Chemotherapy For Lymphoma

  • Shazia Asim PhD Scholar (Pharmacology), University of Health Sciences Lahore, Pakistan
  • Zayan Siddiqui BSc in Chemistry with Biomedicine, KCL, MSc in Drug Discovery and Pharma Management, UCL

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Lymphoma is a blood cancer that originates in the cells of the lymphatic system, which is a network of immune-protecting cells that span many organs such as the lymph nodes, bone marrow, spleen, and thymus gland.  It is the fifth most common cancer and the most common blood cancer in the United Kingdom. Cancer is when body cells replicate faster than they die caused by genetic and environmental factors. 

Lymphoma treatments include chemotherapy (chemo), radiotherapy, and targeted therapies, but we will only be focusing on chemo in this article. Chemo, which is widely used for lymphoma, is a medication that aims to kill only the fast-growing cells. There are two types of lymphoma which are Hodgkin Lymphoma (HL) and Non-Hodgkin Lymphoma (NHL). HL has a better prognosis than NHL; NHL treatment success depends on the type, whereas HL almost always can be cured. The estimated 5-year survival for HL is 88.9%, compared to 74.3% for NHL mainly treated with chemo. As the symptoms for both types mostly overlap, clinicians differentiate between these by looking at a small sample of tissue known as a biopsy under a microscope. Symptoms for both types include itching without visible rash, night sweats, lumps, weight loss, and tiredness. Let’s delve deeper into both types and discover their characteristics. 

Hodgkin lymphoma (HL)

HL is more rare than NHL and is primarily found in the cervical lymph nodes located in the neck. HL is more common in people assigned as male at birth, aged 20-40 and over 75. The risks that may predispose you to HL are obesity, your smoking habits, if you have had an Epstein Barr Virus infection, a compromised immune system, a first-degree relative who has had certain blood cancers and has had NHL before, as the treatment has been linked to ironically increasing risk of HL. 

Non-hodgkin lymphoma (NHL)

NHL is more common over 75 and risks are more varied than for HL. These include if you have weakened immunity, infections such as Hepatitis, coeliac disease, genetics, breast implants, and occupational hazards like pesticides.1 

Chemotherapy is used to eliminate cancerous cells, relieve symptoms, and improve survival. In lymphoma, chemo as a standalone treatment seems to be more effective than combined therapies.2 A 12-year follow-up study showed that overall survival for those receiving chemo versus chemo and radiotherapy combined was 94% compared to 87% respectively.2 However, it should be noted that NHL is more likely to relapse, for example in low-grade NHL when cells multiply slower and chemo may have been delivered at the stage of the cell’s life cycle when it was not dividing, so not effectively eliminating the cells of interest. 

Very rarely low-grade lymphoma transforms into high-grade lymphoma, which may be due to a small amount of fast-growing cells present from the start or the remaining slow-growing cells having a change in DNA sequence known as a mutation. 

Drugs and their side effects

The most common drugs used in lymphoma are rituximab, cyclophosphamide, doxorubicin, vincristine, and prednisolone. These can be administered via mouth, veins, or cerebrospinal fluid. It is now more common to receive ambulatory chemo, which means that you do not have to stay in the hospital to receive chemo, rather can have it attached to you via a pump and go on with your day as usual.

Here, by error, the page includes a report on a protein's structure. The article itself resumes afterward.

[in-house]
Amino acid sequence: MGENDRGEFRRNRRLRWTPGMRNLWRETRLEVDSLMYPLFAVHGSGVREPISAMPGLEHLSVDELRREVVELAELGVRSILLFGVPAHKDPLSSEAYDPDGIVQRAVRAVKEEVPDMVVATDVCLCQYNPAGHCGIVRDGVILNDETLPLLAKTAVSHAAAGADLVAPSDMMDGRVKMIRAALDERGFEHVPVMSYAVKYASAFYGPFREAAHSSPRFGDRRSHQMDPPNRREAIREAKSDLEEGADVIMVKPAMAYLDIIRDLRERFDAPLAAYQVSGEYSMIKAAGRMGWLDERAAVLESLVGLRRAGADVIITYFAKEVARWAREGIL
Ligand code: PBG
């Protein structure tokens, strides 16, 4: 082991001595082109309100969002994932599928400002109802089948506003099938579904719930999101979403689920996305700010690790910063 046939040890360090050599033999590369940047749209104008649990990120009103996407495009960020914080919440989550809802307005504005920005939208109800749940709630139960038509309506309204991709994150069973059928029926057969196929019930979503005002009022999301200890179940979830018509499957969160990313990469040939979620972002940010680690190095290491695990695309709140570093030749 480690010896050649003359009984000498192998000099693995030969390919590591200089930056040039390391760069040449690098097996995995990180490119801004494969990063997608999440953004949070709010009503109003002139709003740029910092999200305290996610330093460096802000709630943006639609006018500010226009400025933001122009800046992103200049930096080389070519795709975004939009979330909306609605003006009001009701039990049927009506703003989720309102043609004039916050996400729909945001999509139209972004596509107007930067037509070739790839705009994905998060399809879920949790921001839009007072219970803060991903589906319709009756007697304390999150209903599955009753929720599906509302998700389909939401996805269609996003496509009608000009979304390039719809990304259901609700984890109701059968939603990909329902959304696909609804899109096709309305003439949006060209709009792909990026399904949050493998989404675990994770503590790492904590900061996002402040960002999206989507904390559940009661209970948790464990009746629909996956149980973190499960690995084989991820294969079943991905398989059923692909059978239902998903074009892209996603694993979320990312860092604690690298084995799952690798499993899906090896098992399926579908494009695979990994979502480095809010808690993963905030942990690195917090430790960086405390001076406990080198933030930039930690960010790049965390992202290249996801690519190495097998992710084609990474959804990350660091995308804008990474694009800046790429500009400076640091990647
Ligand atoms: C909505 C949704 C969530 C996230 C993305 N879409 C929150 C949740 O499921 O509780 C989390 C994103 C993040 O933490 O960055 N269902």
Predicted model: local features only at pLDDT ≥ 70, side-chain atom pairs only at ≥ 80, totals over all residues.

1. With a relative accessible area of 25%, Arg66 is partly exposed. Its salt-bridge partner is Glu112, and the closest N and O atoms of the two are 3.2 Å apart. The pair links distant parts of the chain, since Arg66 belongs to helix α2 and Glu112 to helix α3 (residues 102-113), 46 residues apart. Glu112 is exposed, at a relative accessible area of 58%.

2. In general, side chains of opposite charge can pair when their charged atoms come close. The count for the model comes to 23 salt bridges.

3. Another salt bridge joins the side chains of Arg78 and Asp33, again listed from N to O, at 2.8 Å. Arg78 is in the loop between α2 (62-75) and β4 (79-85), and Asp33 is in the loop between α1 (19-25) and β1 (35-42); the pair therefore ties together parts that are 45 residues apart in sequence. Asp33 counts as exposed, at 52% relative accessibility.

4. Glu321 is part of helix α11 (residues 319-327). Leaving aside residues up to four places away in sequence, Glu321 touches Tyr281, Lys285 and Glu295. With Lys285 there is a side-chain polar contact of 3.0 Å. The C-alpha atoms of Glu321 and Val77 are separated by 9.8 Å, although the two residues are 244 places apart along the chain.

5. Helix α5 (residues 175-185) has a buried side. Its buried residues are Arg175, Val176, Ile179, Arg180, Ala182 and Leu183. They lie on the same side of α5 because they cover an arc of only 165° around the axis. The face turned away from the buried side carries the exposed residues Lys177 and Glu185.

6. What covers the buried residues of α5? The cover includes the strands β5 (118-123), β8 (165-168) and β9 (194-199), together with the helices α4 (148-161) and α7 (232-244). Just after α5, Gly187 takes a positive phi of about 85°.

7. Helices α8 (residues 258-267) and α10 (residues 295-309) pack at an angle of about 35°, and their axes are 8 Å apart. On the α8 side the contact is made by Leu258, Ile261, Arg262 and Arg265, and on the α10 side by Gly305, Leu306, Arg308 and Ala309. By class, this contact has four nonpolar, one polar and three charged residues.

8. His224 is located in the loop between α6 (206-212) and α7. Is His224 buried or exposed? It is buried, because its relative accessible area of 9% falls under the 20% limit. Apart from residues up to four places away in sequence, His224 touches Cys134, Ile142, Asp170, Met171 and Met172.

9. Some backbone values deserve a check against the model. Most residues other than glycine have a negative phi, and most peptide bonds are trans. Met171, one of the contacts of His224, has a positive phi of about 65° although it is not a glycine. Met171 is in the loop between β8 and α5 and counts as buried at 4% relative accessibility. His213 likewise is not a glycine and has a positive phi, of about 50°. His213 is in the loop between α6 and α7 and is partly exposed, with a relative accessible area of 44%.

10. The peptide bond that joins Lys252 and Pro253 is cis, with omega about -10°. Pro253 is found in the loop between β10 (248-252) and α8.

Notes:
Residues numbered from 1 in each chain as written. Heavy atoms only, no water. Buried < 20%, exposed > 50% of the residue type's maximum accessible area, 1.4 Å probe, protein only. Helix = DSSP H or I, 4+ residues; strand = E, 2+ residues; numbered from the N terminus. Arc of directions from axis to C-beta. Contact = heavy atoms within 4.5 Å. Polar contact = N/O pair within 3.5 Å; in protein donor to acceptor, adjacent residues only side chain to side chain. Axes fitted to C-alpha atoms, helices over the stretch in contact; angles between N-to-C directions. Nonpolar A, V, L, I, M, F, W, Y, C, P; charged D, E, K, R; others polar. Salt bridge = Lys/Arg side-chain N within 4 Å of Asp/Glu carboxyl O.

Below are two routinely used combination therapies:

CHOP (Cyclophosphamide, Hydroxydaunomcin, Vincristine, Prednisolone)This is used to treat NHL. This uses the three main chemo drugs listed above with a steroid called prednisolone, which is used to help regulate your immunity and has many other benefits, thus improving the outcome of the chemo. 
On the first day, you will be administered all four of these drugs, but on days 2-5 you will be expected to take prednisolone tablets, followed by 16 days of rest where no further drugs are taken, marking the end of the first cycle. The number of cycles depends on the severity of your cancer but will follow the same style as the first cycle.  
The side effects of the individual drugs are listed below, but for prednisolone, you can expect to have stomach aches, mood swings and fluid build-up, especially in your legs. 
- Cyclophosphamide: This is a chemo drug The side effects are hair loss, allergic reactions, anaemia, pain during urination, and mouth ulcers.
- Doxorubicin/hydroxydaunomycin/Adriamycin: This is a chemo drug and the side effects are hair loss, allergic reaction, anaemia, urine being a pink colour due to the colour of the drug, and tumour lysis syndrome (when cancer cells break down in large amounts, they release chemicals and the patient may experience severe nausea, vomiting, diarrhoea, blood in urine and sometimes seizures)) for which the patient may need to be hospitalised.  
- Vincistrine/ Oncovin: This is a chemo drug and the side effects are hair loss, allergic reaction, anaemia, difficulty urinating, joint pain, headaches, tingling in hands/feet, and tumour lysis syndrome. 
ABVD (Adriamycin®, Bleomycin, Vinblastine, Dacarbazine)This is used to treat HL and this regimen has three more drugs that we have not come across yet. Each cycle is 28 days long and the drugs are taken on day 1 and 15. 
You may go through an average of 2-8 cycles. 
The drugs are the following:
- Bleomycin: This is a chemo drug that has side effects such as anaemia, flu-like symptoms, hair loss, headaches, and hardening of skin due to your immune system attacking healthy skin cells. 
- Vinblastine: This is a chemo drug that has side effects such as anaemia, hair loss, headaches, fatigue, hearing loss, depression, and tingling in hands/feet. 
- Dacarbazine: This is a chemo drug that has side effects such as anaemia, hair loss, flu-like symptoms, and Photosensitivity. -Rituximab: This is not a chemo drug, but an immunomodulator, meant for targeted therapy.  attaches to the surface of immune cells. Side effects include a drop in blood pressure, allergic reaction, high blood sugar, anaemia, and a higher chance of getting an infection.